Paris, 3 January 2012, Art Media Agency (AMA).
Like every year, the beginning of January marks the time of museum reports and those of institutions all across the globe who anticipate on one result: the number of visitor attendance. The economic crisis doesn’t seem to be affecting the increasing number of visitors and some museum have already announced broken records for visitor attendance in 2011.
France continues to be a top destination for French and foreign tourists as they ensure to stop at certain museums and national monuments during their stay. Almost 27 million people have visited French museums in 2011, an increase of 5% from the previous year. The hundreds of national monuments (Notre-Dame in Paris, Mont-Saint-Michel Abbey, Arc de Triomphe, etc.) are doing better each year with 9 million visitors, an increase of 5.5%. The Parisian aura continues to shine internationally and the museums in the capital evidently obtain the highest rate of attendance, with the Louvre taking the lead by far on the French and global podium. In fact, it had announced the record-breaking figure of 8.8 million visitors, making it 300,000 more than the previous year. It holds a place over other internationally famous institutions including the British Museum and the Metropolitan in New York, these two main competitors. In 2010, both museums attracted 5.8 million and 5.2 million people, according to British newspaper, The Art Newspaper.
Although the Parisians have found a renewed interest in their iconic Louvre museum and its famous pyramid (+ 17% in 2011), the visitors in the galleries are mostly foreign (66 %). Most of the foreign visitors are from the United States, but also from emerging countries like Brazil, and of course China and Japan. Contemporary art is not to be outdone in Paris as the Centre Pompidou also welcomes the increasing number of visitors it hosted in 2011. At the end of December, the museum announced it had surpassed the results of the previous year (3.1 million visitors in 2010) and hoped to have reached a record-breaking 3.6 million visitors in 2011. Also, still in Paris, the Quai Branly museum received a 9% increase in attendance. The exhibitions “Dogons” and “Mayas” helped attract almost 1.5 million people during the last twelve months. Not far from Paris, the Château de Versailles is still a highly popular and attractive tourist destination, accounting for nearly 6 million visitors in 2011. The province is also affected by this positive report, as the young Centre Pompidou-Metz is in the lead with 500,000 visitors in 2011 after being open for one year and a half.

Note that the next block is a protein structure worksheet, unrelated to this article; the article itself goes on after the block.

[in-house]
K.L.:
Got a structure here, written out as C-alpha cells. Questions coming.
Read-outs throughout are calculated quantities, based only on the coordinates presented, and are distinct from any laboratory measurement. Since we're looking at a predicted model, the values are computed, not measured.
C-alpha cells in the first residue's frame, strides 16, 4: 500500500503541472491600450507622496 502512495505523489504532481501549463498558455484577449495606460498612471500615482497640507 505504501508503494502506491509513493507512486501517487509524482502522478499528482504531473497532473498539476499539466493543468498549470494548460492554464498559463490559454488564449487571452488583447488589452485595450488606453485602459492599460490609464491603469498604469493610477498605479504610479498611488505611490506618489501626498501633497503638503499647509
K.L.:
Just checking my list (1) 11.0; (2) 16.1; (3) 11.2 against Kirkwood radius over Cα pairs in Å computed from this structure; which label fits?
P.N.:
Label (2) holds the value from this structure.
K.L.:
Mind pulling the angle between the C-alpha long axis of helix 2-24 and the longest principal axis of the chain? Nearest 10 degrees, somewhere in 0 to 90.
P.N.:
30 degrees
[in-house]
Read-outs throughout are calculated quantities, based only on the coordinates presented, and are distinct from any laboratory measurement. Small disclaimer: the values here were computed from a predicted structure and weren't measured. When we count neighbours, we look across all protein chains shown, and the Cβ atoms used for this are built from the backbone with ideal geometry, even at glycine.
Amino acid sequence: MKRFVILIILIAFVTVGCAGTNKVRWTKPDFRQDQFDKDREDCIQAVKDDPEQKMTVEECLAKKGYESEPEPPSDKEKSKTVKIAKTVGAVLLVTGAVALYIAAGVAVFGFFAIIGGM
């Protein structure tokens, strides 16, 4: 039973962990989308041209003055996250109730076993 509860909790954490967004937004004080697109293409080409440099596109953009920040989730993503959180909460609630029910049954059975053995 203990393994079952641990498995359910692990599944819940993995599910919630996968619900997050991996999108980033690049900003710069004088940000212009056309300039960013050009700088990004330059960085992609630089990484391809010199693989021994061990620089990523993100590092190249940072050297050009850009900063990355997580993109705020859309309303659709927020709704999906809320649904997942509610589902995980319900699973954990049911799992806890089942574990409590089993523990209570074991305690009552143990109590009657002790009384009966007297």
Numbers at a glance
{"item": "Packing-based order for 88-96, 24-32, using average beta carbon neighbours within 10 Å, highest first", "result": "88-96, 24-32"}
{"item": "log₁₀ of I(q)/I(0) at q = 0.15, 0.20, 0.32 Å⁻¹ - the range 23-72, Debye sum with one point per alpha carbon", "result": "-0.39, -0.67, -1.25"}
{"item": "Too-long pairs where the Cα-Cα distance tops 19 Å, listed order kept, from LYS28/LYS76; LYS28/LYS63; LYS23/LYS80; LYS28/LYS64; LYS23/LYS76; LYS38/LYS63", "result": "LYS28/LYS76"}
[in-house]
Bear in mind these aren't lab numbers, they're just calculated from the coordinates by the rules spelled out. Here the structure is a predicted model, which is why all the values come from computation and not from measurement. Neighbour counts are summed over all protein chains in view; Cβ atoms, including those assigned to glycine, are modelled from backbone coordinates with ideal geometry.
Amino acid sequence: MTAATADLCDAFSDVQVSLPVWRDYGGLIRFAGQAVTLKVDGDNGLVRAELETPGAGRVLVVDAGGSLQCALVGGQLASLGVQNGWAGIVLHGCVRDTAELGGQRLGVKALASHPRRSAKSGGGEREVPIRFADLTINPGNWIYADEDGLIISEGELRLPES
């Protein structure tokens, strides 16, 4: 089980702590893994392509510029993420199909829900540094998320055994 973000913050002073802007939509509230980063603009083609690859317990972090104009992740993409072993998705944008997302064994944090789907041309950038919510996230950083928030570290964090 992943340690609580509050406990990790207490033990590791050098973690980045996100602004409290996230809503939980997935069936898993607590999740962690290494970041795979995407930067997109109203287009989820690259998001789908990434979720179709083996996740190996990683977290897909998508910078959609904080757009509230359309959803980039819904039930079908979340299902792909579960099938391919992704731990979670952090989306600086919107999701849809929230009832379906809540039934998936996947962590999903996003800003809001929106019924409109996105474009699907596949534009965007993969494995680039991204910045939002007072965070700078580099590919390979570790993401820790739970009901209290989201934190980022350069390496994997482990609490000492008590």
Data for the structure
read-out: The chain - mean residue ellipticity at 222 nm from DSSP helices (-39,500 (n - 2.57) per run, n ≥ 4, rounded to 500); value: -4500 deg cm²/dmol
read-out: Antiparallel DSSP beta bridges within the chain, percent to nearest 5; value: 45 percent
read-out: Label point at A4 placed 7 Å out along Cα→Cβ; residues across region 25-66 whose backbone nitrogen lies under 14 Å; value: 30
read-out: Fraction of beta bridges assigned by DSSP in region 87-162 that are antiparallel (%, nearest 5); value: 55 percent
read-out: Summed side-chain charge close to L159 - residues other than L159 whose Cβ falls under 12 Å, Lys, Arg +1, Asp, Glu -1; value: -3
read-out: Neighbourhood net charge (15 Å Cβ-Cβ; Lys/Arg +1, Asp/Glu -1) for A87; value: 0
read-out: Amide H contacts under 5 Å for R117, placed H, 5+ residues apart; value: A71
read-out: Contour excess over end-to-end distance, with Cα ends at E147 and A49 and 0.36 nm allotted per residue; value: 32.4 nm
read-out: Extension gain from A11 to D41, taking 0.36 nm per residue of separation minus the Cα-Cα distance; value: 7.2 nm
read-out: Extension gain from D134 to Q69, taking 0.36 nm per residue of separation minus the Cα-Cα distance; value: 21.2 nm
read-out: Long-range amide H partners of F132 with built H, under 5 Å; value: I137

Other museums and inquisitions across Europe and the world have not yet revealed their visitor reports for 2011. In the UK, the National Gallery and its major exhibitions still attract crowds of visitors, for instance the most recent exhibition dedicated to the iconic Leonardo da Vinci did not disappoint and results should soon be revealed. This formula of “blockbuster” exhibitions seems to be favoured by the current policies of museums to attract more visitors and to prevent undesirable effects of the “crisis”. Temporary exhibitions also allowed a private museum like the Thyssen-Bornemisza in Madrid a record attendance of 1.07 million visitors, representing a dramatic increase of 30.4% from the previous year. After being affected by the current financial instability, Spain has attracted tourists, primarily the “Golden Triangle of Art” in Madrid – the museums Prado, Reina Sofia and Thyssen-Bornemisza. The Reina Sofia museum saw its attendance increase by 17% in 2011 with nearly 2.7 million visitors, and the Prado museum increased by 6.6%, with 2.91 million visitors which is still very satisfactory.
Given this report, we note that the policy pursued by the museums around the world since the end of the 20th century continues to apply: culture and tourism are now inseparable. Major museums want to find ways to attract more visitors by focusing on programmes for the “general public” and seeking to attract a younger audience. This formula seems to work, like the Louvre, which proudly announced that half of its visitors are under 30. However, it is evident that it is still the middle and upper classes who benefit substantially from this cultural way of life.